I got into a lively discussion with the OWASP Maine crew tonight about meta-data attacks against distributed version control systems (DVCS) and it simply sparked an interest in writing this hopefully short little post to highlight how it can be abused, so here goes…
The Basic Premise
DVCSs like Git and Mercural are as the name suggests a distributed version control system. This means that when I perform a checkout of a given project, I have a fully portable copy of that repository. Once checked out, I have full control over my local copy and can do anything to it. I can change anything and everything about that repository, including the code and any metadata about that repository, including who made the change to a given file or set of files.
Because of this distributed nature of DVCSs, we need a mechanism for merging our various copies of a repository and any respective changes into the upstream repository for a given project. This, in the open-source git world, is often familiarly facilitated by GitHub in the form of a pull request. GitHub allows us to manage role-based access on a given project which is bound by that user’s GitHub account and their associated SSH private key that grants the permission to push changes to the repo as that user. This is essentially what prevents me from pushing a change directly to the Ruby-lang repository, because I do not have GitHub user permissions to push to that repo.
However, due to the nature of DVCSs where I have full control over the repo, I can really send any change I would like to the repo via a PR. As we’ve noted with a typical pull request, we often just change files, but what if I wanted to re-write history on the repo, is that possible to offer up as a pull request? The answer is a resounding Yes!, and it’s less than forth-coming in the pull request that such actions are happing to the casual PR reviewer.
Passing the Blame
Let’s say that I made some huge blunder in pull request #1 on one of the files, which is already merged into master, and I want to pass the blame to (BuffaloBill). What I would do is make an ammendment to the git history with the command
git commit --amend --author="BuffaloWill <[email protected]>". In order to somewhat hide this fact, I would make legitimate contribution to the “test-repo” project by say updating their README file and sending the aggregate of those changes in pull request #2. Your average code reviewer of a PR is probably not going to pick up on the nuance merge commit on the PR and skip straight to the file change tab, where all they will review the changes to the README.
This great README contribution that you have made will eventually be merged, assuming that the mystery meta-data change about the prior commit was not picked up on, and the author modification will land in master.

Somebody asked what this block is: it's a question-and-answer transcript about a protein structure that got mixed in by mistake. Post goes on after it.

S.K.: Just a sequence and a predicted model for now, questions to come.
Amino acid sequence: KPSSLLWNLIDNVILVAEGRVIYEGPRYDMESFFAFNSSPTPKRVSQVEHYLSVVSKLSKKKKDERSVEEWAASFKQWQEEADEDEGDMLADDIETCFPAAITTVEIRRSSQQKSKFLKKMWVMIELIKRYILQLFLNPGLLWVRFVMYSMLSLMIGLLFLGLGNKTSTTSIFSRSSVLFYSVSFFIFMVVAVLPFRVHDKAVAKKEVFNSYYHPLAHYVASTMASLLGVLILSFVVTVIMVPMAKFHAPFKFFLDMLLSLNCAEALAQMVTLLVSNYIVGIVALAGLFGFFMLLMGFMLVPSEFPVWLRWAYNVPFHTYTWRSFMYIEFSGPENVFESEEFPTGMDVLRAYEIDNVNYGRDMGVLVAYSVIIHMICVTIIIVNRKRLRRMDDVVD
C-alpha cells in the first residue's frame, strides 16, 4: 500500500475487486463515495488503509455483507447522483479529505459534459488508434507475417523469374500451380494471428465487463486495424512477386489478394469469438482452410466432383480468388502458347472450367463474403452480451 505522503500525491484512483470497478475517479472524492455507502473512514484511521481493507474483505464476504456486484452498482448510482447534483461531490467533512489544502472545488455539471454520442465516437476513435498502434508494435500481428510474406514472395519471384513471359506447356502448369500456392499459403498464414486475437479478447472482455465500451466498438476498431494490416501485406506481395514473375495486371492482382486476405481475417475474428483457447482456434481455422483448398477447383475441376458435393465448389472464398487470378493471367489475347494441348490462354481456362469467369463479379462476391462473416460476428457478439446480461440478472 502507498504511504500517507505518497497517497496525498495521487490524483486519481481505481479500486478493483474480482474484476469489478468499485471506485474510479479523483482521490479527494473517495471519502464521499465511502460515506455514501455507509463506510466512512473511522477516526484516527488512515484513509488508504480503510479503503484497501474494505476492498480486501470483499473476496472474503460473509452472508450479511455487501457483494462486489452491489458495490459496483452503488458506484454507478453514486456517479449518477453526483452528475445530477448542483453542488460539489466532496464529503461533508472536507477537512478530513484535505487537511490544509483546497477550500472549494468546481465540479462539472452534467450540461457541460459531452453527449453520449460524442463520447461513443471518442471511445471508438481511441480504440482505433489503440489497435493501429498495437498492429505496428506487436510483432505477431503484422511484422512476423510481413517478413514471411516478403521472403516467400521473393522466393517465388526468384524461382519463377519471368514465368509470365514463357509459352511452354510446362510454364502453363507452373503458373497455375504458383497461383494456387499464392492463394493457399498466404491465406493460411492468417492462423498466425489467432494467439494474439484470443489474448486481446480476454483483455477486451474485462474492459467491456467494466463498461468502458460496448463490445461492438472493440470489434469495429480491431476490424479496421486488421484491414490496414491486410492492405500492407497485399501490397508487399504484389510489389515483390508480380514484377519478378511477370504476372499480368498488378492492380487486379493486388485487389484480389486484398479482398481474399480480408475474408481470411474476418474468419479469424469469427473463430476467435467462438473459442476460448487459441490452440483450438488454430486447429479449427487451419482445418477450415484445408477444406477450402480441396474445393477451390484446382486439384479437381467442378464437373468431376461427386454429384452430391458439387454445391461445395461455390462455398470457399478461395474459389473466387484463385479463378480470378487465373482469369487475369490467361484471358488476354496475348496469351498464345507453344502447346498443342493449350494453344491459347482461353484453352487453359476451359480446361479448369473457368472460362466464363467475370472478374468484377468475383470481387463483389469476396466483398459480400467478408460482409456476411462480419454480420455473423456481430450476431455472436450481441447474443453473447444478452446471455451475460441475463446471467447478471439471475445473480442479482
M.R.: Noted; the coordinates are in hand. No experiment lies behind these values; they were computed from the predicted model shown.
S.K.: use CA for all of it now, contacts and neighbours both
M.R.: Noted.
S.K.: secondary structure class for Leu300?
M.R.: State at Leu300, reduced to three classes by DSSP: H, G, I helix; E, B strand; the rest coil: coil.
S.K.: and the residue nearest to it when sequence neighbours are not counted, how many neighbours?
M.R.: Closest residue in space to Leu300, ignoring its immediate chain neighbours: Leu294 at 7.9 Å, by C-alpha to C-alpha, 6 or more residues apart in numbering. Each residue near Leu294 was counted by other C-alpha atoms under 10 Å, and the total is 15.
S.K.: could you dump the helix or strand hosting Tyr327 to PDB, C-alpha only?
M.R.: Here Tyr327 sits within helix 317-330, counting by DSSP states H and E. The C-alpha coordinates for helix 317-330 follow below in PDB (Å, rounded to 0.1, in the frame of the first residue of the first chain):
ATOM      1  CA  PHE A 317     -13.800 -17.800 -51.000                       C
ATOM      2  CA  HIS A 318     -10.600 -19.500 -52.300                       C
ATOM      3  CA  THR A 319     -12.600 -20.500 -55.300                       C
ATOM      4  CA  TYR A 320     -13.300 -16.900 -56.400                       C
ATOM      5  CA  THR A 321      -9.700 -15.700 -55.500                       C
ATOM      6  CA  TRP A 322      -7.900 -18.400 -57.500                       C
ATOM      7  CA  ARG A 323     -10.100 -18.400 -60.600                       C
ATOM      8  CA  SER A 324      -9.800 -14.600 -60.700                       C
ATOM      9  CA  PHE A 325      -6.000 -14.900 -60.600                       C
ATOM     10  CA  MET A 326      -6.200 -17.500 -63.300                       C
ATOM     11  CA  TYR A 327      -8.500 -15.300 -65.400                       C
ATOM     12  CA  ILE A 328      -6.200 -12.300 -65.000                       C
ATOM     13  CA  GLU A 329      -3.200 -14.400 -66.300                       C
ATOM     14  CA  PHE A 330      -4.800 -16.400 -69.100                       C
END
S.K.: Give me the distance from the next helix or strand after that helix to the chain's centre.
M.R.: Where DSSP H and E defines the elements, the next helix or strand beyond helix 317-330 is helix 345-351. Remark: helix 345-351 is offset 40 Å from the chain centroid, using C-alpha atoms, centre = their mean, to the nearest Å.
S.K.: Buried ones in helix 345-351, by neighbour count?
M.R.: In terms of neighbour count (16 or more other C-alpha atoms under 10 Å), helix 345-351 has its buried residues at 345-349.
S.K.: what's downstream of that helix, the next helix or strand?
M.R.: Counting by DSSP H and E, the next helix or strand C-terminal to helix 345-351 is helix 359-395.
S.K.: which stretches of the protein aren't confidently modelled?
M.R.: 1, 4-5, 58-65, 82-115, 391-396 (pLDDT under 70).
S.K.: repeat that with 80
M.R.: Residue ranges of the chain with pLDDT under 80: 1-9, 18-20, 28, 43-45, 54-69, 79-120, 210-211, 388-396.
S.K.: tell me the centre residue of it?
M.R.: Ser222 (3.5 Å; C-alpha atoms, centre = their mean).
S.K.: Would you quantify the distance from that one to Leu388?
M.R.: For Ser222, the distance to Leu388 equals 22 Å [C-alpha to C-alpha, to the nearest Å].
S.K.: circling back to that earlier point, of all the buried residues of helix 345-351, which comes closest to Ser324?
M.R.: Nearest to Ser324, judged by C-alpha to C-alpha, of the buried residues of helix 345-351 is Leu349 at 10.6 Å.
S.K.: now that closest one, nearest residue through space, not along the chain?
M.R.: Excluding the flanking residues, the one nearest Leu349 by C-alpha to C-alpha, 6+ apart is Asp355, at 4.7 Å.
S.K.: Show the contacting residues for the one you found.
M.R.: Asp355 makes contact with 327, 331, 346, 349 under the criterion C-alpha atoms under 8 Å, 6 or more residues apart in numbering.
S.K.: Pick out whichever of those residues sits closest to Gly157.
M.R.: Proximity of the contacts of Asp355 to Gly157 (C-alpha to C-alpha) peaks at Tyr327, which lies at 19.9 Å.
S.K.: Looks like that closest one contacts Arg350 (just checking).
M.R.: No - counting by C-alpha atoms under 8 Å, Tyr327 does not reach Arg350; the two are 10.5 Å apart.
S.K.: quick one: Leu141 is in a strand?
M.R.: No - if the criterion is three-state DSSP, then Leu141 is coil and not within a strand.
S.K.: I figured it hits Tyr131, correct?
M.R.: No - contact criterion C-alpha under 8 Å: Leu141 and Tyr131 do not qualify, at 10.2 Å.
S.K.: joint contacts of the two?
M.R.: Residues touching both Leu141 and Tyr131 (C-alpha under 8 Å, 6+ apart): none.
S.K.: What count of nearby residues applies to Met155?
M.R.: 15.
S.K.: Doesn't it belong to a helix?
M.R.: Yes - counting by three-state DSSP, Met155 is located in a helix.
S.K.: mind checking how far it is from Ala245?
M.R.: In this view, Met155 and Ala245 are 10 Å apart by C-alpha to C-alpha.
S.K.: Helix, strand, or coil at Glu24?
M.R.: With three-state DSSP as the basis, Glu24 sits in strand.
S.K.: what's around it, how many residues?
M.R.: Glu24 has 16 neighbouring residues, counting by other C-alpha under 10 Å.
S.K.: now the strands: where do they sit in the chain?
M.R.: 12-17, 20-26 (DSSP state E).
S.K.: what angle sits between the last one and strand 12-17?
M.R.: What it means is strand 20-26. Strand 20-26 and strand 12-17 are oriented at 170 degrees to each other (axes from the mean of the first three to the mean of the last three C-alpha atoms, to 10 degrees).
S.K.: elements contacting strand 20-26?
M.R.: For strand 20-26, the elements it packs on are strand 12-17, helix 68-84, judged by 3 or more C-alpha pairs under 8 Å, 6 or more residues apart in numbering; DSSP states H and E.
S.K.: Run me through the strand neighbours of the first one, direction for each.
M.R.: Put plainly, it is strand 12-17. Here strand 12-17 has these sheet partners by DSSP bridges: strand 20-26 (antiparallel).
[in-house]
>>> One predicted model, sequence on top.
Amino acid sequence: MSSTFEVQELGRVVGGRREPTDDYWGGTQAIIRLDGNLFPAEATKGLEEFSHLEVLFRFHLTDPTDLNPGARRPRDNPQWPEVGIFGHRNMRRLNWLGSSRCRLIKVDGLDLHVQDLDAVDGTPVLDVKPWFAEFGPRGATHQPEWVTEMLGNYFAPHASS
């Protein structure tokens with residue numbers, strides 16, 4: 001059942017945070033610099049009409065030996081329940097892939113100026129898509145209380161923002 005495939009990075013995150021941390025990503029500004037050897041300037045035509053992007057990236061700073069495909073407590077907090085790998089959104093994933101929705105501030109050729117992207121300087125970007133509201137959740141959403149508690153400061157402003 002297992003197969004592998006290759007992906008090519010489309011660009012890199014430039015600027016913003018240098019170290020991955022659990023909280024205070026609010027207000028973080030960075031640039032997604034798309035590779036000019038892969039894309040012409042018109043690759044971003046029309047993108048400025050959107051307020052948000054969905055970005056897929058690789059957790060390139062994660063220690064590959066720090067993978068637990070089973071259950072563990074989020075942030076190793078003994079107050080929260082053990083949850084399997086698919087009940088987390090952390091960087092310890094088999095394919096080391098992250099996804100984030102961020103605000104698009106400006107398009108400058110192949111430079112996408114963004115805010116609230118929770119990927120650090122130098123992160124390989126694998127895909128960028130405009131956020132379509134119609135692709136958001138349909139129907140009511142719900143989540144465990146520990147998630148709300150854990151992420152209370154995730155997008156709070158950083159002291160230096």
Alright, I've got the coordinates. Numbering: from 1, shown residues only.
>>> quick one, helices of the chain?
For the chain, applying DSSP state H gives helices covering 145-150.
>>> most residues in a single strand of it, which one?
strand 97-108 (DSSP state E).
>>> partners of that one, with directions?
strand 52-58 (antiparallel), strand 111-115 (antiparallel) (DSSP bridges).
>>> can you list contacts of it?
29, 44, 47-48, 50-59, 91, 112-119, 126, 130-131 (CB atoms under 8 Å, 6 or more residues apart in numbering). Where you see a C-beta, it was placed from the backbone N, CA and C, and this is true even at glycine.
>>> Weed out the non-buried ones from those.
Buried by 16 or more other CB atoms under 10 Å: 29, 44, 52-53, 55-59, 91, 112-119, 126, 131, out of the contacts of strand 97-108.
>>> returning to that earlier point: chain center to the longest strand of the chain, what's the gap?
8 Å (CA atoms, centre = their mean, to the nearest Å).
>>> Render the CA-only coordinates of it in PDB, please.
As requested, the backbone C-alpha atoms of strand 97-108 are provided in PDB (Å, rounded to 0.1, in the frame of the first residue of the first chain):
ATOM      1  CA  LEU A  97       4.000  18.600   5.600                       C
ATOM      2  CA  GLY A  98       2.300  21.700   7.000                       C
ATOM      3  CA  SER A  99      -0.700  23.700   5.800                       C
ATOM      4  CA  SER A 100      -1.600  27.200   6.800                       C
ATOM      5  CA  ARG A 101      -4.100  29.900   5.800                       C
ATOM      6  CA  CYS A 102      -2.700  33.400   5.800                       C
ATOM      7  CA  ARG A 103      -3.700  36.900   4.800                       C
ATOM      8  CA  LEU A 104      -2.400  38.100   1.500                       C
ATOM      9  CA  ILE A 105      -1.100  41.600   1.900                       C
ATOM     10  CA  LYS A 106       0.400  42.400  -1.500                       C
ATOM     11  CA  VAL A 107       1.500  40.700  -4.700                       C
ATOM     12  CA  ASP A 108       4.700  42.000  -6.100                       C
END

It’s not worth really re-stating the above, but basically this works both ways, because you have full control over the content of your local repo, you can also assert that you were person who made a change to said file and somewhat hide that modification in a similar but different legitimate PR contribution.
I can imagine this might be more lucrative if one was incentivized by having a specific set of commits tied to their username or someone wanted to lend credability to a malicious commit by masking it with a more well known contributor. Perhaps this could even be abused to pepper/corrupt ones contribution graphs in GitHub?
Now it’s only fair of me to offer up some sort of recompense for highlighting such attacks and this mainly comes down to two recommendations…
- Leverage the GPG Commit verification capability in GitHub (arbitrary users cannot edit commits you have signed without breaking their verified status)
- Excercise diligent PR review (pay special attention to PRs with multiple or async commits between PR author and commit author to ensure they are intended changes)
Fundamentally, this behavior is just how DVCSs work and it will not likely be changing anytime soon. This is because there are legitimate use cases where a Git user may want/need to re-write history and due to the distributed nature, we can all propose those types of changes. One specific example that comes to mind is when I accidentally landed commits under my personal email address rather than my work email address and we needed to re-write the commit history to properly reflect my contribution as a staff member.
Anyways, I hope you found this little DVCS detour interesting, let me know if you have other creative ideas on other DVCS meta-data abuses and I’ll be sure to acknowledge them and credit you in an update on this post.